Monday, June 29, 2009

Coup Rocks Honduras

Honduran soldiers blocked a street near the residence of Honduran President Manuel Zelaya in Tegucigalpa on Sunday.

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TEGUCIGALPA, Honduras -- Honduran soldiers rousted President Manuel Zelaya from his bed and exiled him at gunpoint Sunday to Costa Rica, halting his controversial push to redraw the constitution but spurring fresh concerns about democratic rule across Latin America.

Zelaya wanted to rewrite the constitution, charging that the current one is skewed in favor of national elites (wonder what his stock is). The Army refused to cooperate, and the Supreme Court declared his scheme unconstitutional. He vowed to go on, anyway.

Mr. Zelaya called the action a kidnapping, and said he was still president. The U.S. and other countries condemned the coup. President Barack Obama said he was "deeply concerned" and called on all political actors in Honduras to "respect democratic norms." Venezuela President Hugo Chávez, a close ally of Mr. Zelaya and nemesis of the U.S., said he would consider it an ''act of war" if there were hostilities against his diplomats. "I have put the armed forces of Venezuela on alert," Mr. Chávez said.

Well, a kidnapping? Yes. Chávez blusters any time he can. An act of war? What is he going to do? Invade?

Honduras's Supreme Court gave the order for the military to detain the president, according to a former Supreme Court official who is in touch with the court.

A former official? Now, if the Court issues an order, is that constitutional?

Later, Honduras's Congress formally removed Mr. Zelaya from the presidency and named congressional leader Roberto Micheletti as his successor until the end of Mr. Zelaya's term in January. Mr. Micheletti and others said they were the defenders, not opponents, of democratic rule.

'Tis a quandary.

Supporters of Honduras's President Manuel Zelaya demonstrate in front of a tire bonfire in Tegucigalpa.

Honduras, one of Latin America's poorest countries, was a staging area for the U.S.-backed Nicaraguan Contra rebels during the 1980s. The country of about eight million people subsists on exports of bananas, shrimp, coffee, apparel and remittances from Hondurans in the U.S.

Washington called the removal of President Zelaya a coup and said it wouldn't recognize any other leader. The U.S. stand was unpopular with Honduran deputies. One congressman, Toribio Aguilera, got prolonged applause from his colleagues when he urged the U.S. ambassador to reconsider. Mr. Aguilera said the U.S. didn't understand the danger that Mr. Zelaya and his friendships with Mr. Chavez and Cuba's Fidel Castro posed.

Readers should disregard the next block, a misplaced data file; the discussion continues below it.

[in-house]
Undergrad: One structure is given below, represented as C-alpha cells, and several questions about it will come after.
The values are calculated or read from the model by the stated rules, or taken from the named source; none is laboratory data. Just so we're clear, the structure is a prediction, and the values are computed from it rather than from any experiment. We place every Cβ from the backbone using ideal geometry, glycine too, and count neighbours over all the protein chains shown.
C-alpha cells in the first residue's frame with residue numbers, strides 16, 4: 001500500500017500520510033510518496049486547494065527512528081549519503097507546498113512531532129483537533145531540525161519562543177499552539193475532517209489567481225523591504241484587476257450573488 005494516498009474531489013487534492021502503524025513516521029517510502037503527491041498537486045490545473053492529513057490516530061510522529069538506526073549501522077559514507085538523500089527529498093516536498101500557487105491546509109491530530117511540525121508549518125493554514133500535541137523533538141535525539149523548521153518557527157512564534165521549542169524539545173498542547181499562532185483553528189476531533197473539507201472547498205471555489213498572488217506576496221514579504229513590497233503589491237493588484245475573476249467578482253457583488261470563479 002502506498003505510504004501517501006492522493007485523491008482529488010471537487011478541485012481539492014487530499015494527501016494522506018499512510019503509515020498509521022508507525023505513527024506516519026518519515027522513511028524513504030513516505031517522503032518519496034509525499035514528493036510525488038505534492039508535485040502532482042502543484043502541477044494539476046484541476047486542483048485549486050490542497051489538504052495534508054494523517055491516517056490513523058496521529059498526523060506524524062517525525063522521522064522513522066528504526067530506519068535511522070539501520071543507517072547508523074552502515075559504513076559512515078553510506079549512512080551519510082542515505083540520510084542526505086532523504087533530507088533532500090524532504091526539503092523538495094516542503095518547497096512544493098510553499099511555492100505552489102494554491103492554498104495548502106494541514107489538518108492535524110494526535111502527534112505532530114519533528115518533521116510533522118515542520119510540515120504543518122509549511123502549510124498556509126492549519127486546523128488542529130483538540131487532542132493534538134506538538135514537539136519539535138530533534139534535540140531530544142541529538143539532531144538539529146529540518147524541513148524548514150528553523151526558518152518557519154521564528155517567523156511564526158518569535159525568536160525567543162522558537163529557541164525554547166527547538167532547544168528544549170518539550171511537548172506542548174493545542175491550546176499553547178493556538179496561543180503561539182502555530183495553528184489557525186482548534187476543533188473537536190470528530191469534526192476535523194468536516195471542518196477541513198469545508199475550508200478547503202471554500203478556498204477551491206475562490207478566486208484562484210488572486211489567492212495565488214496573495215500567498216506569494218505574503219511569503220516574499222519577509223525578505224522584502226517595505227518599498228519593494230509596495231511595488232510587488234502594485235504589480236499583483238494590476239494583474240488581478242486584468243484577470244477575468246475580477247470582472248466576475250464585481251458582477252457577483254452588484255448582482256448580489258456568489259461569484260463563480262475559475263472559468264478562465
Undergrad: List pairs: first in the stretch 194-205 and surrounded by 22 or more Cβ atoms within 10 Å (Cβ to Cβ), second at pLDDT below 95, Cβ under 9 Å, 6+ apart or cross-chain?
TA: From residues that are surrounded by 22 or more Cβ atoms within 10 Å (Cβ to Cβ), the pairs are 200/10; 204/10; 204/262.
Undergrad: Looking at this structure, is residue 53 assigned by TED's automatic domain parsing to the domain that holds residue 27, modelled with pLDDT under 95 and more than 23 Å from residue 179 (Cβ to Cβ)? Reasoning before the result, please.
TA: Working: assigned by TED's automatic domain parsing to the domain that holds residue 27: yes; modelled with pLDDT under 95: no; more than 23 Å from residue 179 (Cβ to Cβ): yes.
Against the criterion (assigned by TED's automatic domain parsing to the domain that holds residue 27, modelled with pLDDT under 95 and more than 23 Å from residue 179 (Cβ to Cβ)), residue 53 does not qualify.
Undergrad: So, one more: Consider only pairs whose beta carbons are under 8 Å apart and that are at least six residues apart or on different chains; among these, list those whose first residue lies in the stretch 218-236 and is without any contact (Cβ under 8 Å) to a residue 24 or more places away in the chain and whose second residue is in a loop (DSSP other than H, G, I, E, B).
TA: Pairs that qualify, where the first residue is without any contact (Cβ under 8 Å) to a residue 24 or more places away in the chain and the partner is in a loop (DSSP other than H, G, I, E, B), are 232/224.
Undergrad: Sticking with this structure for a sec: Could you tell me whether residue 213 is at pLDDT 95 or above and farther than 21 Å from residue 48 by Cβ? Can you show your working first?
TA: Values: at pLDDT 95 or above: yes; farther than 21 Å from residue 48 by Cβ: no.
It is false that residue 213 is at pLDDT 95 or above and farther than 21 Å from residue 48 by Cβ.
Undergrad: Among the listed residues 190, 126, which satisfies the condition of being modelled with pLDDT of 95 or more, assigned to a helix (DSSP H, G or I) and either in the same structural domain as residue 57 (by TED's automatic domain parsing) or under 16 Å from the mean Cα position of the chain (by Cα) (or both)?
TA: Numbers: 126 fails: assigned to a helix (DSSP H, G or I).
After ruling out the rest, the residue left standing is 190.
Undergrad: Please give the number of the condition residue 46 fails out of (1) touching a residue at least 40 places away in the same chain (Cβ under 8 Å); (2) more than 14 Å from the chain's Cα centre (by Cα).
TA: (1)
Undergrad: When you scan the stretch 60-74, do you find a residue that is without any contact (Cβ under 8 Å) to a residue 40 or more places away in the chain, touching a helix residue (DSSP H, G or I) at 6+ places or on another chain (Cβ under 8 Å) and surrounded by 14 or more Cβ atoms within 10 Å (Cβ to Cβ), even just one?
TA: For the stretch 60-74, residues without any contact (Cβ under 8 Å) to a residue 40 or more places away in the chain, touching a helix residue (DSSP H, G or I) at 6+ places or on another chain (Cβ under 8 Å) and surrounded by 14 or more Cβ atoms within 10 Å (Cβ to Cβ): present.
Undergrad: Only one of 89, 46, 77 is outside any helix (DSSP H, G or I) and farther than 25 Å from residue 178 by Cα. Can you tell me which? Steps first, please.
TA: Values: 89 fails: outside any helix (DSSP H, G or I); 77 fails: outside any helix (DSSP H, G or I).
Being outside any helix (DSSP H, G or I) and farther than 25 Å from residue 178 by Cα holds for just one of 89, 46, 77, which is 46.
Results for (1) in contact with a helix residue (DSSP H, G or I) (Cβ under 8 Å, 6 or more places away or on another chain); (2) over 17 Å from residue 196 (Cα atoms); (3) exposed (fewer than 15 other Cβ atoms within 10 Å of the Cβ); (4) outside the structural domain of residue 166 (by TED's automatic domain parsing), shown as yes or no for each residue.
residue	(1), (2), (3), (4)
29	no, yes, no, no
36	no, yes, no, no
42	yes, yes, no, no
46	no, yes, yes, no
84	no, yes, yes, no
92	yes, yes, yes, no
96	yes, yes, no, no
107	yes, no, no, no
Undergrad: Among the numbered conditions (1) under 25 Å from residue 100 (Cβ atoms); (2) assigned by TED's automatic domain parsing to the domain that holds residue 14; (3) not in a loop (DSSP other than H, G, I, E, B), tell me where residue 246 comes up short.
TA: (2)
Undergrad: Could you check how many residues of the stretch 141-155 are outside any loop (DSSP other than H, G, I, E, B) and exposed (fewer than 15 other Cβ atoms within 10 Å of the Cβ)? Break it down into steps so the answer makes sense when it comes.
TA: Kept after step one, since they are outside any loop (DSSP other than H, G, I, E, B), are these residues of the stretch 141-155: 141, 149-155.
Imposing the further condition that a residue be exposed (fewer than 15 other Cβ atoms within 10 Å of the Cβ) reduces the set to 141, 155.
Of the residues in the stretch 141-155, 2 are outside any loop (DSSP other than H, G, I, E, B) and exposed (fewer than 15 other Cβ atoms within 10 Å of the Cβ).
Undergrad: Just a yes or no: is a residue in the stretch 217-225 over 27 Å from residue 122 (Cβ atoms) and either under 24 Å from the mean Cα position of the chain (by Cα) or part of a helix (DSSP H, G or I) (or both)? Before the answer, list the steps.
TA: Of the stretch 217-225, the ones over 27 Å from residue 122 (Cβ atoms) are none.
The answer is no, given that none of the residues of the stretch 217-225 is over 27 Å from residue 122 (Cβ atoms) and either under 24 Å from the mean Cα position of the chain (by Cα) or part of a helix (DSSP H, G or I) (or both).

Between a rock and a hard place: Zelaya wasn't exactly respecting democracy, but removing him before his term expires isn't deemed acceptable. And many Hondureños did not like Zelaya.

Latin America analysts said the Honduran coup will complicate President Obama's efforts to re-engage a region where anti-Americanism has flourished in recent years. They said Mr. Chávez is likely to seize on the crisis to depict Central America as under attack.

Which is absurd; this is an internal Honduran matter, and Chávez is sticking his nose into it because he wants to exert regional influence.

As a result, analysts said Mr. Obama will need to aggressively call for the reinstatement of President Zelaya, despite U.S. concerns that he is seeking to mirror Mr. Chávez's campaign to secure limitless rule.

"It's very important for the U.S. to come out against the coup and make the point that the U.S. supports democracy unequivocally," said Kevin Casas-Zamora, Costa Rica's former vice president and a senior fellow at Washington's Brookings Institution. "This would prevent Chávez from stealing the show."

Mr. Casas-Zamora and other regional analysts said the coup raised questions about just how much influence Washington actually has in Central America, given the Obama administration's failed effort to avert it. Honduras receives more than $200 million in development aid from Washington annually.

At a Sunday news conference in Costa Rica, Honduran President Manuel Zelaya, ousted at gunpoint by the army hours earlier, denounced his exile as a kidnapping.

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